What side effects of COVID-19 can I expect?


JoIf you have not yet received the COVID-19 vaccine, your number is likely to arrive soon. What can you expect when you get your shot? For many it’s not a day at the park, but for others they feel nothing. It is impossible for experts to predict who will feel good and who will not. In the vast majority of cases, any side effects you feel will end in a few days and there is no cause for concern.

But it is important that the medical and scientific communities talk about it temporary side effects of these vaccines, and that the public knows that there is a very low percentage of adverse reactions.

I am an immunologist who studies the fundamentals of immune responses to vaccination, so part of that responsibility lies with me.

Getting these vaccines will probably make a lot of people feel shit for a few days. This is a much better prospect than long-term illness or death. In case you’re wondering why it makes someone feel bad, I’ll tell you.

The little dirty secret of immunology

In 1989, immunologist Charles Janeway published an article summarizing the state of the field of immunology. Until then, immunologists had proposed that immune responses be initiated when the immune system encountered anything strange (bacteria, viruses, and parasites) that it determined was “not its own.”

Janeway suspected that there was something else in the story and famously expounded what was known “The little dirty secret of the immunologist”: Your immune system doesn’t just respond to all the weird things. He responds to foreign things that he perceives to be dangerous.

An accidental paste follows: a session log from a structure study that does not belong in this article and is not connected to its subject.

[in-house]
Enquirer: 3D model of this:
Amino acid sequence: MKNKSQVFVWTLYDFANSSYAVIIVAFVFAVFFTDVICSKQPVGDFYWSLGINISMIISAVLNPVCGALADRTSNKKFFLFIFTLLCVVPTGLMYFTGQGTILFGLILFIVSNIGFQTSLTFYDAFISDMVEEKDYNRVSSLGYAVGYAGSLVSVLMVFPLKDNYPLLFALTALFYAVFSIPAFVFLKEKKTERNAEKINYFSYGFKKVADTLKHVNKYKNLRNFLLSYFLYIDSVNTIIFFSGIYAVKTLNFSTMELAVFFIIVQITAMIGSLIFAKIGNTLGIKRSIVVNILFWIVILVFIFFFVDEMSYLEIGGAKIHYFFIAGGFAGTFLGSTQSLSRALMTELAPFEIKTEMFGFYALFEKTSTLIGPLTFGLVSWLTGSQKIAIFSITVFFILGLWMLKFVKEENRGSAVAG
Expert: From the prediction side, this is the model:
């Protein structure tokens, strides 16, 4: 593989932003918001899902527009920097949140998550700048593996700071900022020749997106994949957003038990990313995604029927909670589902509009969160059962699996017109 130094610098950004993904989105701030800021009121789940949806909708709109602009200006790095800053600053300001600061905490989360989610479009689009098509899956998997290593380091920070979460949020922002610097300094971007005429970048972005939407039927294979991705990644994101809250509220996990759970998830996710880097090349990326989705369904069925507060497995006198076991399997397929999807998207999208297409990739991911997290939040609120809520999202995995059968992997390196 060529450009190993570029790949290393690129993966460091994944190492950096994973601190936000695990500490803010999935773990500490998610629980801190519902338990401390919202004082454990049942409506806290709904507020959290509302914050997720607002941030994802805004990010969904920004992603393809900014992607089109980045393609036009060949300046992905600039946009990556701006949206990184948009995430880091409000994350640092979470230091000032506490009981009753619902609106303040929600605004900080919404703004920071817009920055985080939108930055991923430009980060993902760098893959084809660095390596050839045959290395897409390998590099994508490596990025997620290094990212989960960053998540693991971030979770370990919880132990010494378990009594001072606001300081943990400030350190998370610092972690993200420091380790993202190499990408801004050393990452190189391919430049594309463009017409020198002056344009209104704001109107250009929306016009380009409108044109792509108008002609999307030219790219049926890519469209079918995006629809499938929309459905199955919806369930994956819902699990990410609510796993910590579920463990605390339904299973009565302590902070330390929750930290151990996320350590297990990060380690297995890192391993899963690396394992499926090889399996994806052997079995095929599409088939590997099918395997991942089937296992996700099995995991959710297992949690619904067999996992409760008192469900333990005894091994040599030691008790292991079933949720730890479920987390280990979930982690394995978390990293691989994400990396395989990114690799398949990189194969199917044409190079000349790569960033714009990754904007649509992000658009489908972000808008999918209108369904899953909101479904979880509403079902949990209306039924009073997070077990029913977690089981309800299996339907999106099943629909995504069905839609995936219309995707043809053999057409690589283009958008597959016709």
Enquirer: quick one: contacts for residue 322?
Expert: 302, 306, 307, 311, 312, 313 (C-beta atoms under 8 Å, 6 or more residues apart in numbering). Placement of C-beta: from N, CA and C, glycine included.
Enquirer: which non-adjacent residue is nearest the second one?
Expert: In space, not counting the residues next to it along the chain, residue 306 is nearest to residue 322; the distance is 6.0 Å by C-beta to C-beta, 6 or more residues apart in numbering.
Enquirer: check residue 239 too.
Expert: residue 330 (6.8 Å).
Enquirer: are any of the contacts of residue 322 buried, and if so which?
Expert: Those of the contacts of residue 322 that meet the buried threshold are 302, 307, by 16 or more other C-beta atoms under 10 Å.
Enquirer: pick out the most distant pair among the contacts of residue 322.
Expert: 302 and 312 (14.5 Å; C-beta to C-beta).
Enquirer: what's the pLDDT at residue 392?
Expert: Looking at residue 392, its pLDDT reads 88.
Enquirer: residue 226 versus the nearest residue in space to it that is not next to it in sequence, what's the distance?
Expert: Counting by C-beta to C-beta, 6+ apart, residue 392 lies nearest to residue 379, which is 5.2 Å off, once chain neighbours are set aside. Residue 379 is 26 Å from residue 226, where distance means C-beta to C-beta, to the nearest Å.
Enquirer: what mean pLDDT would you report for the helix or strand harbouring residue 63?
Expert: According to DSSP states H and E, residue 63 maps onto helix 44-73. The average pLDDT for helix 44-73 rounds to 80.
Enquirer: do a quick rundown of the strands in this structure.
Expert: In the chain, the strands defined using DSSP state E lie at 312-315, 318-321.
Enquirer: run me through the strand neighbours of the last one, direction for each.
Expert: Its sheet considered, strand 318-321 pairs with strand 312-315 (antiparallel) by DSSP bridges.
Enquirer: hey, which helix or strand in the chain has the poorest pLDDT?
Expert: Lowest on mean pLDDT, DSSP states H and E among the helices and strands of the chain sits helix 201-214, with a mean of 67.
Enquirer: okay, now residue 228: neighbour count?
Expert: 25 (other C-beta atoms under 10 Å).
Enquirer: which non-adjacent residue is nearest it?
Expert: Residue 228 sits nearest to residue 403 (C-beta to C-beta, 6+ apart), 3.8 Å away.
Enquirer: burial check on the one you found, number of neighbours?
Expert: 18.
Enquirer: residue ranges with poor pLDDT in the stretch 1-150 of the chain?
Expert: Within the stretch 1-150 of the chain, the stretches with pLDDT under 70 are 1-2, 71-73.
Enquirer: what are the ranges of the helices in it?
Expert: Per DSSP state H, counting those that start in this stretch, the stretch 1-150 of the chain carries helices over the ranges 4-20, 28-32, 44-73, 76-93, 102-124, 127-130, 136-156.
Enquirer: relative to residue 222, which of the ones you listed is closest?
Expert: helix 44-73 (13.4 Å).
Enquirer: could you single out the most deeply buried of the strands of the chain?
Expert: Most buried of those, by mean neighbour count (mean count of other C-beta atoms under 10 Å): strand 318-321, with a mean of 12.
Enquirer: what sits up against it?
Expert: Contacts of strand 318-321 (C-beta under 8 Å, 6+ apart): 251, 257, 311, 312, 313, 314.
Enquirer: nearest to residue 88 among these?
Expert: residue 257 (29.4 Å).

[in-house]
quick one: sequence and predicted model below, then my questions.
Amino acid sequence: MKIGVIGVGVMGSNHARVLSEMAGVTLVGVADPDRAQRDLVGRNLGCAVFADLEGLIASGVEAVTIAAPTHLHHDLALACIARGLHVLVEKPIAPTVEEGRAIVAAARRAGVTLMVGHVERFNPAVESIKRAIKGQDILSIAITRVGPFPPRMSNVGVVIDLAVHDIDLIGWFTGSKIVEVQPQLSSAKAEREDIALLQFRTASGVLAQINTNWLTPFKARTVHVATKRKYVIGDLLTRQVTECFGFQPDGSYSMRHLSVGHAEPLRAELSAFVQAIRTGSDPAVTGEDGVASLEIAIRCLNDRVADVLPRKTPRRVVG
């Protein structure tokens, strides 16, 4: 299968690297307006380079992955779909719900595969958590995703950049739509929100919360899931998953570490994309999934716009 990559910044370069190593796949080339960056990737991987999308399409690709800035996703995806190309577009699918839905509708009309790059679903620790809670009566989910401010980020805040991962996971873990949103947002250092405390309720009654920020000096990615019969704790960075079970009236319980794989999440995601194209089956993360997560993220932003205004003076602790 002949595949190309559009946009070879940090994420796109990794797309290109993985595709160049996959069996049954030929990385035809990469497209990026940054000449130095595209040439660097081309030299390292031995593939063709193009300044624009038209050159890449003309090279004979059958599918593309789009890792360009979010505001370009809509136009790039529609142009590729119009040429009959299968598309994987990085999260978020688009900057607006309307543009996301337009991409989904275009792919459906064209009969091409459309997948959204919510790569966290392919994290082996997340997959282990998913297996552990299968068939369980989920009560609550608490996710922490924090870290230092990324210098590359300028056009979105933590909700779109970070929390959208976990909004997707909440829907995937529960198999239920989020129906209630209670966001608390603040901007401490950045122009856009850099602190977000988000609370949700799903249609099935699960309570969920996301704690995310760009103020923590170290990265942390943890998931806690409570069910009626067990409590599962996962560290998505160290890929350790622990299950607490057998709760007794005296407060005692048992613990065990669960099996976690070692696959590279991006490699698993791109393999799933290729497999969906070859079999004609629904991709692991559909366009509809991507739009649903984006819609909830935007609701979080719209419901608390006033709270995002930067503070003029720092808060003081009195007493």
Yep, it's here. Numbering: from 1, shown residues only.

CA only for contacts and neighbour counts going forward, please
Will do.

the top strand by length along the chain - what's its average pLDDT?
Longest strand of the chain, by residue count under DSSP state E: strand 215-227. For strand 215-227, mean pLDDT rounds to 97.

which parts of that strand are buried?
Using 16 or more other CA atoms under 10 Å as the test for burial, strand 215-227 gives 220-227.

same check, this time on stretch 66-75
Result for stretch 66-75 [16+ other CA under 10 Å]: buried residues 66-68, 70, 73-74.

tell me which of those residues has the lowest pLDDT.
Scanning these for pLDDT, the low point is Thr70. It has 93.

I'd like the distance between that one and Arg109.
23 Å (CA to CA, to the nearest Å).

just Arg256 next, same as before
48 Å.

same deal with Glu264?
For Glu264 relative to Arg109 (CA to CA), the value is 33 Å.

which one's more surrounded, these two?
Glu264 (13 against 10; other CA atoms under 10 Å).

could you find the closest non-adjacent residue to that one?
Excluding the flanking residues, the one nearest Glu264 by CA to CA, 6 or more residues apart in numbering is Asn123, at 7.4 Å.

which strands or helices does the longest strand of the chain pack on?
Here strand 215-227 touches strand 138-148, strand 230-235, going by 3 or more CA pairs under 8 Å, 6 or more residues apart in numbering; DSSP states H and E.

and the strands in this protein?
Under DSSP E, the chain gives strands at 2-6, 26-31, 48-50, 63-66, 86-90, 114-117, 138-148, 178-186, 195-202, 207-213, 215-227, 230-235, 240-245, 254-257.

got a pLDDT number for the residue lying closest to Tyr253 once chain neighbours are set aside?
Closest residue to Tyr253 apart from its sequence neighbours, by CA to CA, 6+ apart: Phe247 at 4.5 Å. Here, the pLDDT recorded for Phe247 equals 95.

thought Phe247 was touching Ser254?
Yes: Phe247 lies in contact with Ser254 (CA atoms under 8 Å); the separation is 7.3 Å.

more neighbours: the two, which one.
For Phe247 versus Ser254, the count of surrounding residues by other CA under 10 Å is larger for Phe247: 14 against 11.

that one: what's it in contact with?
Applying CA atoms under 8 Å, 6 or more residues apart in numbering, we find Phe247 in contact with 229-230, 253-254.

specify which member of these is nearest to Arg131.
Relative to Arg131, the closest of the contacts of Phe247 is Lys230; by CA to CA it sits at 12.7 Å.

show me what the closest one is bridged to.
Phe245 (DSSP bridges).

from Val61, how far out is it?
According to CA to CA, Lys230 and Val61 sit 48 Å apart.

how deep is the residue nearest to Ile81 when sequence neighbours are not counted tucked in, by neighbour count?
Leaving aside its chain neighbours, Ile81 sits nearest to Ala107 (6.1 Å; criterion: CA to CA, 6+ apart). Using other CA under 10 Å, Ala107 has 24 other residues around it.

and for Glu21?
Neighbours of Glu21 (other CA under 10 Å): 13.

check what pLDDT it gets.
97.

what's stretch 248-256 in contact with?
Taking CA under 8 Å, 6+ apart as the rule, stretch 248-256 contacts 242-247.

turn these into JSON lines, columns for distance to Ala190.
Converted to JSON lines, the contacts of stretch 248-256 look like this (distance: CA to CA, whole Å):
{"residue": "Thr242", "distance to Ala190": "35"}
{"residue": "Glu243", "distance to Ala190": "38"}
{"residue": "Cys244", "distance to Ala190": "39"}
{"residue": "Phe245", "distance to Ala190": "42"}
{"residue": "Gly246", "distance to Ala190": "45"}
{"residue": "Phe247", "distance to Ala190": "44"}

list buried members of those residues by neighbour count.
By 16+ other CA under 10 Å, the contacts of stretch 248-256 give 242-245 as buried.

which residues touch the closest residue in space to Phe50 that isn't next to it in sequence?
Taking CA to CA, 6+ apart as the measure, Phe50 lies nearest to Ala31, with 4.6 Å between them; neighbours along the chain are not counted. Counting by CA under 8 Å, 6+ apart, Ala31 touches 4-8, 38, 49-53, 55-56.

Now, 30 years later, immunologists know that your immune system uses a complex set of sensors to understand not only whether something is strange or not, but also what kind of threat, if any, a microbe might pose. You can differentiate between viruses (such as SARS-CoV-2) and parasites, such as tapeworms, and activate specialized arms in your immune system to treat them. these specific threats accordingly. You can even control the level of tissue damage caused by an invader and increases your immune response to match.

Perceiving the type of threat posed by a microbe and the level of intensity of that threat allows your immune system to select the right set of responses, apply them accurately, and avoid the real danger of immense reactions.

Vaccine adjuvants carry the danger we need

Vaccines work by introducing a safe version of a pathogen for a patient’s immune system. Your immune system remembers your past encounters and responds more efficiently if you see the same pathogen again. However, it only generates memory if the vaccine contains enough warning signs to initiate a solid immune response.

As a result, the need for your immune system to perceive danger before responding is both extremely important and very problematic. The danger requirement means that your immune system is programmed not to respond unless a clear threat is identified. It also means that if I am developing a vaccine, I have to convince your immune system that the vaccine is a threat worth taking seriously.

Scientists can get it in various ways. One is to inject a weakened version (what immunologists call attenuated) or even killed a pathogenic version. This approach has the advantage of presenting a pathogen almost identical to the “real” pathogen, triggering many of the same danger signs and often resulting in strong long-term immunity, as seen in polio vaccination. It can also be risky: if you have not weakened the pathogen enough and deployed the vaccine too quickly, there is a possibility of inadvertently infecting a large number of vaccine recipients.

A safer approach is to use individual components of the pathogen, harmless on their own, but able to train your immune system to recognize what is real. However, these parts of the pathogen often do not contain the warning signals needed to stimulate a strong memory response. As a result, they need to be supplemented with synthetic warning signs, which immunologists call “adjuvants”.